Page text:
The Washington Post’s Arc Publishing will license technology to The Dallas Morning News, one of the most recognizable news brands in the U.S. With this agreement, Arc now powers publications that serve the majority of the top ten media markets in the country.
One of the largest publishing companies in Germany, MADSACK Media Group will use Arc to power future digital products of its nationwide publishing division the RedaktionsNetzwerk Deutschland (RND), including a new national news portal for Germany.Learn More
The Washington Post won three World Association of Newspapers and News Publishers (WAN-IFRA) North American Digital Media Awards, including the award for Best News Website or Mobile Service.Learn More
Arc Publishing, The Washington Post’s fast-growing platform-as-a-service business has signed Advance Local, one of the country’s largest media companies which reaches millions of people in major markets across the U.S. Arc will power technology for Advance’s many sites, including NJ.com, NOLA.com, AL.com and Cleveland.com, among others.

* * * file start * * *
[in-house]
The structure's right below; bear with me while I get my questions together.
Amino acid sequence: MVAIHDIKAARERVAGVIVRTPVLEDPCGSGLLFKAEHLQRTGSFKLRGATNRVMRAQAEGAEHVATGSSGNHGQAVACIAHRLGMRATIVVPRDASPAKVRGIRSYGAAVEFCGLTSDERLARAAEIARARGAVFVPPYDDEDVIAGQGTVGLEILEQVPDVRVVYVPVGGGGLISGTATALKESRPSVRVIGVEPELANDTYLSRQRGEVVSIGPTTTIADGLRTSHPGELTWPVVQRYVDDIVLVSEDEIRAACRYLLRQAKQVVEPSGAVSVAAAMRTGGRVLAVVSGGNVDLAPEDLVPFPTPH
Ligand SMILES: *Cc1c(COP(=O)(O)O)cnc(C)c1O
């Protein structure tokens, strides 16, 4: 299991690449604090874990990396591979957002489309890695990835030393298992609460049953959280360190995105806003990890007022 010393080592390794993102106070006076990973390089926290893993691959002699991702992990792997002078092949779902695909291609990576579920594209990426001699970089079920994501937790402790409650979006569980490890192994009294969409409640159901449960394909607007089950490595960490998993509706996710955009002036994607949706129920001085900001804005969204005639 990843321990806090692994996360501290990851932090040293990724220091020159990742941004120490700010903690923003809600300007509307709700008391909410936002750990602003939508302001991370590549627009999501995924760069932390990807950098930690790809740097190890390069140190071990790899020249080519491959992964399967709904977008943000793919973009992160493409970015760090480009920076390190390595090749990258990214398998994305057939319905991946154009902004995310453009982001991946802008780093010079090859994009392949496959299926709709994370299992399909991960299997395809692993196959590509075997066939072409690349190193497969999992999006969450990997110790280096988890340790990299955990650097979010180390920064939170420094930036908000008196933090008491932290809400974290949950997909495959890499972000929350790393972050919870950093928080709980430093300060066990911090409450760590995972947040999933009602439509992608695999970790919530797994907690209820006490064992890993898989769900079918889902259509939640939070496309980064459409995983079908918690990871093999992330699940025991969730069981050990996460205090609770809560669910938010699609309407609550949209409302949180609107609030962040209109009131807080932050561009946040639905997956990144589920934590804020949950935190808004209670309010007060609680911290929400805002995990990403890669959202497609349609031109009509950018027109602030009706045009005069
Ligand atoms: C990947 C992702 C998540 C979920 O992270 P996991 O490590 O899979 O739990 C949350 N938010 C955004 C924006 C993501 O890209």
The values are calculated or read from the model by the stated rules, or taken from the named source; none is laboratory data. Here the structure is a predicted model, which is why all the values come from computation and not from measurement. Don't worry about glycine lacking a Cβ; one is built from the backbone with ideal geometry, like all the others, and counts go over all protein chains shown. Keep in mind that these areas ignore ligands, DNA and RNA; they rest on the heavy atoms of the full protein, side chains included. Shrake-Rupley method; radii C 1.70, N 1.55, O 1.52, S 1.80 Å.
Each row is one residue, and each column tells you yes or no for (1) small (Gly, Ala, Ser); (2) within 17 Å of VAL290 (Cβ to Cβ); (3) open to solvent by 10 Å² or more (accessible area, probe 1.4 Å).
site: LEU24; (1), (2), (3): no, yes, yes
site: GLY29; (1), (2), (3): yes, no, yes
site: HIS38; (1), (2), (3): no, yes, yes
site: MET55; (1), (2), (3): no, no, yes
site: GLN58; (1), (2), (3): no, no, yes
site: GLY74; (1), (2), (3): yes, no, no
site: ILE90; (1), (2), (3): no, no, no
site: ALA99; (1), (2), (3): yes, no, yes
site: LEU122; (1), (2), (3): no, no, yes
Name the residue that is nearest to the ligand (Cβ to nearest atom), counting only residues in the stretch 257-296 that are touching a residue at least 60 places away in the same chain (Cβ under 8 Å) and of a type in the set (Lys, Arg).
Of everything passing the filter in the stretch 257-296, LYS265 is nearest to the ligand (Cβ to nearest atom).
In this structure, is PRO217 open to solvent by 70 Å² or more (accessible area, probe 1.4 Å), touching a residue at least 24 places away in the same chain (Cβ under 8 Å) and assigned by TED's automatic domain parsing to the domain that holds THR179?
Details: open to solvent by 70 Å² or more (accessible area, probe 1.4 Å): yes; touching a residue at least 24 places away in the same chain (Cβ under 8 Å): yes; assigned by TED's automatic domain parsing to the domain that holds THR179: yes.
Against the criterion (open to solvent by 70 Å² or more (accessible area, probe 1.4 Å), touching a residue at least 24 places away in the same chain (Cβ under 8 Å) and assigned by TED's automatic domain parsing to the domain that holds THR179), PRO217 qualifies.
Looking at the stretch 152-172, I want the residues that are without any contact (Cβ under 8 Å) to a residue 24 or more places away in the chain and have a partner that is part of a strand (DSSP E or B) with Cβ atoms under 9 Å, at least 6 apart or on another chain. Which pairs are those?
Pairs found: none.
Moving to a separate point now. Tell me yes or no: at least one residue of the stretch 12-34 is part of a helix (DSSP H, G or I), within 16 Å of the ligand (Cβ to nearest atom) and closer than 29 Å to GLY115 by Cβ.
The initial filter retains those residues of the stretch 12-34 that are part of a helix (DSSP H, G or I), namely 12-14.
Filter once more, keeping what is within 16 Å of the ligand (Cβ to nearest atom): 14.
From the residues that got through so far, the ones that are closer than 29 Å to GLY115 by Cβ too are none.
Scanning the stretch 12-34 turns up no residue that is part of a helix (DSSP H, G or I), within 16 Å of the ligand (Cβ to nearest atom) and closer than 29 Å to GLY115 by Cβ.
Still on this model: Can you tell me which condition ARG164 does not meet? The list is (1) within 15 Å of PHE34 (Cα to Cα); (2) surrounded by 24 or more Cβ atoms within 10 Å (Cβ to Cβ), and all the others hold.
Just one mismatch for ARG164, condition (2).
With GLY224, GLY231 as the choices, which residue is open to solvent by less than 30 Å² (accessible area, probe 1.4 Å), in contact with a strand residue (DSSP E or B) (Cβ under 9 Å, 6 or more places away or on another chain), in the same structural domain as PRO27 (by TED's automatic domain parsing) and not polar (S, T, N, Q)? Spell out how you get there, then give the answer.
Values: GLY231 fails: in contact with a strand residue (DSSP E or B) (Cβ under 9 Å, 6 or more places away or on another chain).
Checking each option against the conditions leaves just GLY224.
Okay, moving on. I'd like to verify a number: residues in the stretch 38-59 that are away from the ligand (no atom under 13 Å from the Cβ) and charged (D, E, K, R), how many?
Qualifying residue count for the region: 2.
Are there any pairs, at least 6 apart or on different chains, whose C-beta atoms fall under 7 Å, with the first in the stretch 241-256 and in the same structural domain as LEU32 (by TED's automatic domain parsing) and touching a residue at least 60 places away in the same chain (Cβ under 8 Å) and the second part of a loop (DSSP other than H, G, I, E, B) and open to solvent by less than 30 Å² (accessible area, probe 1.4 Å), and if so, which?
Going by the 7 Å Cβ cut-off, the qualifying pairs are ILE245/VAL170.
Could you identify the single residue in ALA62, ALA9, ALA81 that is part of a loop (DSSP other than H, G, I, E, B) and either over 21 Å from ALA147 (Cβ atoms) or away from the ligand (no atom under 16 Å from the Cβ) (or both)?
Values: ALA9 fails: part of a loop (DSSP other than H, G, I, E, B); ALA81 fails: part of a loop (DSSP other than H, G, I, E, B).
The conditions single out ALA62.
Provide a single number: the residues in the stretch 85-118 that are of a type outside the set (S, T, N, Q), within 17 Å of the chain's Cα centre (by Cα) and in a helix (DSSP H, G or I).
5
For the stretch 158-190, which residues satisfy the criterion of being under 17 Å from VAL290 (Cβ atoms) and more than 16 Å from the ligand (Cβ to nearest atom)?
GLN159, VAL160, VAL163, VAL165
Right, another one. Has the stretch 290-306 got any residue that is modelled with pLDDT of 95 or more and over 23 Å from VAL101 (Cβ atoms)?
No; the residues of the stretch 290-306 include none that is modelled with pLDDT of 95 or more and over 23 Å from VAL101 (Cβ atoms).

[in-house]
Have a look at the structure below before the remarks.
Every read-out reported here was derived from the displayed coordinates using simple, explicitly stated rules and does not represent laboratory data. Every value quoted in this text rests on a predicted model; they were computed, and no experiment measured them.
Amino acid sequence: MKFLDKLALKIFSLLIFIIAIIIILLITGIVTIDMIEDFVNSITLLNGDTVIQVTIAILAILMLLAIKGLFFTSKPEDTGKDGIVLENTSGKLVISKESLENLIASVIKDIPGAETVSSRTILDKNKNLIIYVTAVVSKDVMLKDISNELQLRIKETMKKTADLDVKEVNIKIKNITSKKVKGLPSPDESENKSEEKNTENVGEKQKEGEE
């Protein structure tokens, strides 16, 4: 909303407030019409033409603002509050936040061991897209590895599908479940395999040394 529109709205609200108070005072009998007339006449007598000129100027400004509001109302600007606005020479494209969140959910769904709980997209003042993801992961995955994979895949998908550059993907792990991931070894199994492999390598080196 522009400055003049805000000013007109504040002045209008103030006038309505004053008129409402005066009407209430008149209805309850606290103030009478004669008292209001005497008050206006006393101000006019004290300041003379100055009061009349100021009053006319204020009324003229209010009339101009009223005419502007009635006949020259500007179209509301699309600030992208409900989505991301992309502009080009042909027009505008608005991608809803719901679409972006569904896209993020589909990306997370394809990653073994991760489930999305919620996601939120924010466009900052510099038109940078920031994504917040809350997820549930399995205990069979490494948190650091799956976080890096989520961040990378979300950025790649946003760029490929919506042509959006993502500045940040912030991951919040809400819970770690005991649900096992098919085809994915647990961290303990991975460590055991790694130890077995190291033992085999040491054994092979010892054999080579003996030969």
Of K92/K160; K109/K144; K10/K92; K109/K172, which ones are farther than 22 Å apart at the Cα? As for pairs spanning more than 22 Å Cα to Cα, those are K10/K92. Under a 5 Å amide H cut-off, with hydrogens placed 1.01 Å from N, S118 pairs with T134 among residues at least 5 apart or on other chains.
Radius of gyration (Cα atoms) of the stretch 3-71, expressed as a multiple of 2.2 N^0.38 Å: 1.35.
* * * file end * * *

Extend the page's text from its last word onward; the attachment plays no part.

Arc Publishing, The Washington Post’s software-as-a-service platform, today announces a deal with Boston Globe Media Partners to power technology for the company’s flagship brand, The Boston Globe.
Arc Publishing, The Washington Post’s fast-growing platform-as-a-service, has signed Bonnier Corp., one of the largest niche magazine publishing groups in America. Arc will power technology for the company’s more than 30 multichannel magazine brands, which include Field & Stream, Popular Science, Saveur, and more.Learn More
The Washington Post, The Lenfest Institute for Journalism and Philadelphia Media Network (PMN) have created a new technology partnership designed to accelerate digital innovation at the Philadelphia Inquirer and other metropolitan newspapers around the country.Learn More